There are ways we can make this bill better due to your insight and your expertise and advice. Certainly Mr. Manley and I will embrace that in the spirit in which it was intended.

I thank you very much.

The Chair: We thank you. On behalf of the committee, Minister McLellan, we thank you for being with us here today. We appreciate your time.

Ms. Anne McLellan: I'll be happy to return on any other legislation that brings me into your area.

The Chair: Into the world of industry. Thank you very much.

We're now going to continue with questions and I'm going to go to Mr. Shepherd.

Mr. Alex Shepherd (Durham, Lib.): I guess to whoever is left, my question zeros in on part 2 and the whole concept of electronic signatures.

First of all, clause 43 refers to provisions as outlined in schedule 2 or 3. I don't have schedule 2 or 3, and I don't know if anybody does. But I presume that what is supposed to be entailed there is the type of encryption technology that would be used to authenticate electronic signatures.

Mr. Michael Power: I should start out by saying that part 2, except for two instances, is intended to provide electronic alternatives to paper coming into government and paper leaving government. In certain instances, because of the nature of the specific reference in federal legislation or the nature of the document, we basically said “Look, any old electronic document is not good enough, because at the end of the day, it's just a bunch of electrons on a screen. We want something with a little more security surrounding it.”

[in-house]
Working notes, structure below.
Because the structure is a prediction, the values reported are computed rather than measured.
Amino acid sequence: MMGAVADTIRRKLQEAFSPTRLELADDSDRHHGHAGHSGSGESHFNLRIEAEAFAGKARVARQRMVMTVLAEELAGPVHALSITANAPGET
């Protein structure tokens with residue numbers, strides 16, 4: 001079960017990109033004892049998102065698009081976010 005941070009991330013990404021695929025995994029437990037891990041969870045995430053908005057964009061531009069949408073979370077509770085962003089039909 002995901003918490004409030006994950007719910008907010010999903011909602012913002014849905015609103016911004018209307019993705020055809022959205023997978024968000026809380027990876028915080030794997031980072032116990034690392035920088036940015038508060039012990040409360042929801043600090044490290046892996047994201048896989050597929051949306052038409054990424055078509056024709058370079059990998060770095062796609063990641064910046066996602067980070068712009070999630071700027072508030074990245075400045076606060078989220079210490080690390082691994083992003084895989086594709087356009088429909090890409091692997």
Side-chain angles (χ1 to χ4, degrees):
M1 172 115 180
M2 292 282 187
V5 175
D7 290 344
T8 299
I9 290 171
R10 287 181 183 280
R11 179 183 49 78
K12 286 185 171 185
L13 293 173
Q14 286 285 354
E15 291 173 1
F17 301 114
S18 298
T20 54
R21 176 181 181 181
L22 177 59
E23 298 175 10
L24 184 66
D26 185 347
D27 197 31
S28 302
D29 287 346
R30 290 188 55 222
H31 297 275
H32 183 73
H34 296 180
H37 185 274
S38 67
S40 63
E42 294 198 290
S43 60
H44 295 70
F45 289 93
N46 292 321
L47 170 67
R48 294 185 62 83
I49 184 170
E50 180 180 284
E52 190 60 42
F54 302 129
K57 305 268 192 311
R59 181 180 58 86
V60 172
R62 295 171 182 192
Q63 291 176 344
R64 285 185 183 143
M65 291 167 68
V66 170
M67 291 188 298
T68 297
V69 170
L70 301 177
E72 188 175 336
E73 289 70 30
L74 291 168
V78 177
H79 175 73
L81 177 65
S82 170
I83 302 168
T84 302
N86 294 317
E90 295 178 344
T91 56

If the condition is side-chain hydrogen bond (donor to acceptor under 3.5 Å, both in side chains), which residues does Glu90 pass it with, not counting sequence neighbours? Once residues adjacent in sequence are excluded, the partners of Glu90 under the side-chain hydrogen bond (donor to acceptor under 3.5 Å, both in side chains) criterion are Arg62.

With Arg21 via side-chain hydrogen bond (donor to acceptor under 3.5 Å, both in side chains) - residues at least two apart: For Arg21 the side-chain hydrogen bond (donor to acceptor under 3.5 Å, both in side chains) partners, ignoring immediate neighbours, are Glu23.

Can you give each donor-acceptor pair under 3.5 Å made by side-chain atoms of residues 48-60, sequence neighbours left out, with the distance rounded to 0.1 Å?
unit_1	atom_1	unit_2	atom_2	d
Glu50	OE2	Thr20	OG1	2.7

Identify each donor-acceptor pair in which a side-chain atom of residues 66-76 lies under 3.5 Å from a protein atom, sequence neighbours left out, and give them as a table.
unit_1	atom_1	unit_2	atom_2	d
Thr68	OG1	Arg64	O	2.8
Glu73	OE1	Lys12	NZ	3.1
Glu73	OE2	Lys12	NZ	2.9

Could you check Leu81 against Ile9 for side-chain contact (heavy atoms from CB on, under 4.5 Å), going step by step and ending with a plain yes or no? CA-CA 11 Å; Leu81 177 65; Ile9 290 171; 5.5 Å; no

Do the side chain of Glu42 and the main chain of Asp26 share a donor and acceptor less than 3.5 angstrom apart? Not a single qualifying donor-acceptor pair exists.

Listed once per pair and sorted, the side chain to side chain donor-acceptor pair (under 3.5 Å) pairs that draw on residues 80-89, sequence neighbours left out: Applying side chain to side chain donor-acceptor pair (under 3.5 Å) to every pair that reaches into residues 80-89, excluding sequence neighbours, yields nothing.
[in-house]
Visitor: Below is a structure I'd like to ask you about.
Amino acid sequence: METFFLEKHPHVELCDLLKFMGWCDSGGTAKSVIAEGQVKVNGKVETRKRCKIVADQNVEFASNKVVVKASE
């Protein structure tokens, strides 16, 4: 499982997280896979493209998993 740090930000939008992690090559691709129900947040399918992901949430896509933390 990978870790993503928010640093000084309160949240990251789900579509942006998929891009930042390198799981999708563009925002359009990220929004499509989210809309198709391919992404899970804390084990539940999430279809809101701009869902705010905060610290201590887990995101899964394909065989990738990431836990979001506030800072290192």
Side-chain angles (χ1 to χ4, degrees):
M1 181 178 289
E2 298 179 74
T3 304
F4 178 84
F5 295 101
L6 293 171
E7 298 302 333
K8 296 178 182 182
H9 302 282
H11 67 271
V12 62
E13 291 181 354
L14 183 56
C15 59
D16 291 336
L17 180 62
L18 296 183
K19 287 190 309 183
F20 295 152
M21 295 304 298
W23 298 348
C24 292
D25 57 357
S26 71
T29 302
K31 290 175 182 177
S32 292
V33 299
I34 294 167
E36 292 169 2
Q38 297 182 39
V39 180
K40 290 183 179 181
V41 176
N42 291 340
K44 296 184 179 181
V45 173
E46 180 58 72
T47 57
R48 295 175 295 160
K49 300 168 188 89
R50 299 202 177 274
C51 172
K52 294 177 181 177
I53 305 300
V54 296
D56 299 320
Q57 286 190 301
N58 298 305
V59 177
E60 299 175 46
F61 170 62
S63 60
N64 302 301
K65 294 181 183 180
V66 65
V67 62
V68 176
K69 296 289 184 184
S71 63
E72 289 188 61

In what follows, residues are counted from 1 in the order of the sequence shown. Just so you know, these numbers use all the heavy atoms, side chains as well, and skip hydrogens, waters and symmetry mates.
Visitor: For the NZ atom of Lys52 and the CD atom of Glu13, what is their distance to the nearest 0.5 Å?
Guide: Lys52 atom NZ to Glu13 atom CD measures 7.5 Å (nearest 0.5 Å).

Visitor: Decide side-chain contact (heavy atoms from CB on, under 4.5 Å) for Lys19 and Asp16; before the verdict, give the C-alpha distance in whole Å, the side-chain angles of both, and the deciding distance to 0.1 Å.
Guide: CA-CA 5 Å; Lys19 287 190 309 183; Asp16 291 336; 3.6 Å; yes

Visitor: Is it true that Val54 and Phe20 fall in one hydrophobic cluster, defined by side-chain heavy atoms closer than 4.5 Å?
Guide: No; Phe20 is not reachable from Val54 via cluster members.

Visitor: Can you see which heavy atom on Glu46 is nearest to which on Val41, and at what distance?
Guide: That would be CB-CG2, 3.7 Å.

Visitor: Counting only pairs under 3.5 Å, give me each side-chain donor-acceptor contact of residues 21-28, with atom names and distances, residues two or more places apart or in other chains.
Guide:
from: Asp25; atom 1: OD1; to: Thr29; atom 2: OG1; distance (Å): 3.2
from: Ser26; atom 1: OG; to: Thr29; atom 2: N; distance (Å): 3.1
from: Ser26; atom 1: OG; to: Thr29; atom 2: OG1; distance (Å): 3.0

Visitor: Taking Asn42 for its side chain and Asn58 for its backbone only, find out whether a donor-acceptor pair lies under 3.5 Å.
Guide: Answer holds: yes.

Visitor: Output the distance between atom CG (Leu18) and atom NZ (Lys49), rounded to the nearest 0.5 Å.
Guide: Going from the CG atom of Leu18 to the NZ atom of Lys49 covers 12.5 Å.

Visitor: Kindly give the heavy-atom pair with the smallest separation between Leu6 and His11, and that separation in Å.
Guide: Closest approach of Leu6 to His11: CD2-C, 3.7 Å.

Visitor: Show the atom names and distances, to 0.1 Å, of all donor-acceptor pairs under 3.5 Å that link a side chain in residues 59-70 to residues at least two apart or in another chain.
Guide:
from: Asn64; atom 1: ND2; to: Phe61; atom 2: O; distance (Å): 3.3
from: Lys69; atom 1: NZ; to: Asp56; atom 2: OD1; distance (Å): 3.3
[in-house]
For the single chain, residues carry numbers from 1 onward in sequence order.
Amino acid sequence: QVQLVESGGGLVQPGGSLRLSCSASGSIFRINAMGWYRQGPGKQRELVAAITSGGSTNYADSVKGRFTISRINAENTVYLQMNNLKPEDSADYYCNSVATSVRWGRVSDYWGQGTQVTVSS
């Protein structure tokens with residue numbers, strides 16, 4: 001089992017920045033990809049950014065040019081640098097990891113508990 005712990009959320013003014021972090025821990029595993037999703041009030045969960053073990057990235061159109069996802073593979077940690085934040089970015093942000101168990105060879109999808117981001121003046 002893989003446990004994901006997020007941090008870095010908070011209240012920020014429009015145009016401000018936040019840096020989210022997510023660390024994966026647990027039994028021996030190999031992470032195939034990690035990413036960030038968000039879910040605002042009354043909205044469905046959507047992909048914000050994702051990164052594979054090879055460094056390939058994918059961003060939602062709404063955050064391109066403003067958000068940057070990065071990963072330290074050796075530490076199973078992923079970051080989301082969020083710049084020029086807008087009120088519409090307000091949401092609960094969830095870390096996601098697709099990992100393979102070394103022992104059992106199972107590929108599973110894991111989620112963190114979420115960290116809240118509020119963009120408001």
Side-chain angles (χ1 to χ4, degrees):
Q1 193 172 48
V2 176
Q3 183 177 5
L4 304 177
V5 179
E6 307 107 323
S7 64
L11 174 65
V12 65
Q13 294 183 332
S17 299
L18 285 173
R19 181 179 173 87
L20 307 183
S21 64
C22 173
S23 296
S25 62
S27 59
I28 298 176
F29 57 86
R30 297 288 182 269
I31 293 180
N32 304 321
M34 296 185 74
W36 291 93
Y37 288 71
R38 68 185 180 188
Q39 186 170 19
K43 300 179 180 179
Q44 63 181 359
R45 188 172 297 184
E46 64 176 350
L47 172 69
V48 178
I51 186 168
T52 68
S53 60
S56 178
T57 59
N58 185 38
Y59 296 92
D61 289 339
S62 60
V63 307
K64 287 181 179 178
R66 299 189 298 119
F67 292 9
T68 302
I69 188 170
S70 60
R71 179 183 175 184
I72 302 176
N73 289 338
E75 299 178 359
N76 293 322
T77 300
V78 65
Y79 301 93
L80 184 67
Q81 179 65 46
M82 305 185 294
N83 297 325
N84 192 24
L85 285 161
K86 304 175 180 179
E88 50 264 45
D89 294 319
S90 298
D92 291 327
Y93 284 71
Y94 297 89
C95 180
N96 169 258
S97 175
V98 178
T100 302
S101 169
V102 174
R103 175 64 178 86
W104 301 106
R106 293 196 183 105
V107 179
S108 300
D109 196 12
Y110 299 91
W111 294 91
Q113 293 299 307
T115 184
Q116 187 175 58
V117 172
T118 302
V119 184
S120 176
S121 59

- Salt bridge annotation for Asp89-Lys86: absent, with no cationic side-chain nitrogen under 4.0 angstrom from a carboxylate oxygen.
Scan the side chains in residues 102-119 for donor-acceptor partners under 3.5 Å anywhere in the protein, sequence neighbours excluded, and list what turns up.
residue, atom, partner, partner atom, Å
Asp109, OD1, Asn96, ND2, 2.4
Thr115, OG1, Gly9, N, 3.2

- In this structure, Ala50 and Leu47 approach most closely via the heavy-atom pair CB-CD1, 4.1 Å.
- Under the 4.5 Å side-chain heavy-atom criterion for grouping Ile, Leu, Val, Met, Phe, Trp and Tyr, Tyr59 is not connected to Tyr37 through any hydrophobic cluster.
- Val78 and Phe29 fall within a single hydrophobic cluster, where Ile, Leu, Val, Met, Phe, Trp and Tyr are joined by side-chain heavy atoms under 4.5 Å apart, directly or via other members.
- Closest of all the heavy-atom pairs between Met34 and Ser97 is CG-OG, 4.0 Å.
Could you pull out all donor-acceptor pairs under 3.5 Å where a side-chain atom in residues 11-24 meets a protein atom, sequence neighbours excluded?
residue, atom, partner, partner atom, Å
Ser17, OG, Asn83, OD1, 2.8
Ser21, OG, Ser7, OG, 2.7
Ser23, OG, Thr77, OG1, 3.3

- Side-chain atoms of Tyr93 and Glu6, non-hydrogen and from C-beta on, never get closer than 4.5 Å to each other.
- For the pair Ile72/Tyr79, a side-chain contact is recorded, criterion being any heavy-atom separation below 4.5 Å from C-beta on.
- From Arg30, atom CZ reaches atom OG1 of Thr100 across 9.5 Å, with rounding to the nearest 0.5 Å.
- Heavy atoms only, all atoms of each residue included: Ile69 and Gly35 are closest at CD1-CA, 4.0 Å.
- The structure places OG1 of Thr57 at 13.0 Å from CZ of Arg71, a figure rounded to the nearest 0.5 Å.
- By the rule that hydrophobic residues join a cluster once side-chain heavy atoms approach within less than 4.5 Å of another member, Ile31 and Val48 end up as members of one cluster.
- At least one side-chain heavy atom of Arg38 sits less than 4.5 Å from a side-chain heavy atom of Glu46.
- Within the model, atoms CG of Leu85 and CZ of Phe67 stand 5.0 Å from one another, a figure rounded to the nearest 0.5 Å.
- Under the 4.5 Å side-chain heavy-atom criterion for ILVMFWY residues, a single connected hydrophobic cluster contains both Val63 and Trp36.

So in certain parts of part 2—where we deal with the subject of original documents, where we deal with the subject of seals, where we deal with the subject of sworn statements, witness statements, certified statements—what we say is that with respect to electronic alternatives, those electronic alternatives are acceptable if they have what we call a secure electronic signature on the electronic document.

You will see in clause 48 that we prescribe the technologies that would qualify.... Actually, I should say we create a list whereby we would put on those technologies that would qualify as secure electronic signature technologies. We say “In order to get on the list you have to meet the criteria that are contained in subclause 48(2)”—and you can see the list there.

• 1655

In 1999 the only technology we are aware of that would meet these criteria are digital signature technology or public key cryptography, although we do know that down the road, for example, we can anticipate quantum cryptography. Whereas in public key cryptography we talked about the manipulation of numbers, in quantum cryptography—and I know it's going to sound a bit like science fiction here—we are talking about the manipulation of photons to create cryptographic keys to encrypt information. You can also see down the road technologies that incorporate, either in whole or in part, biometrics as a signature technology.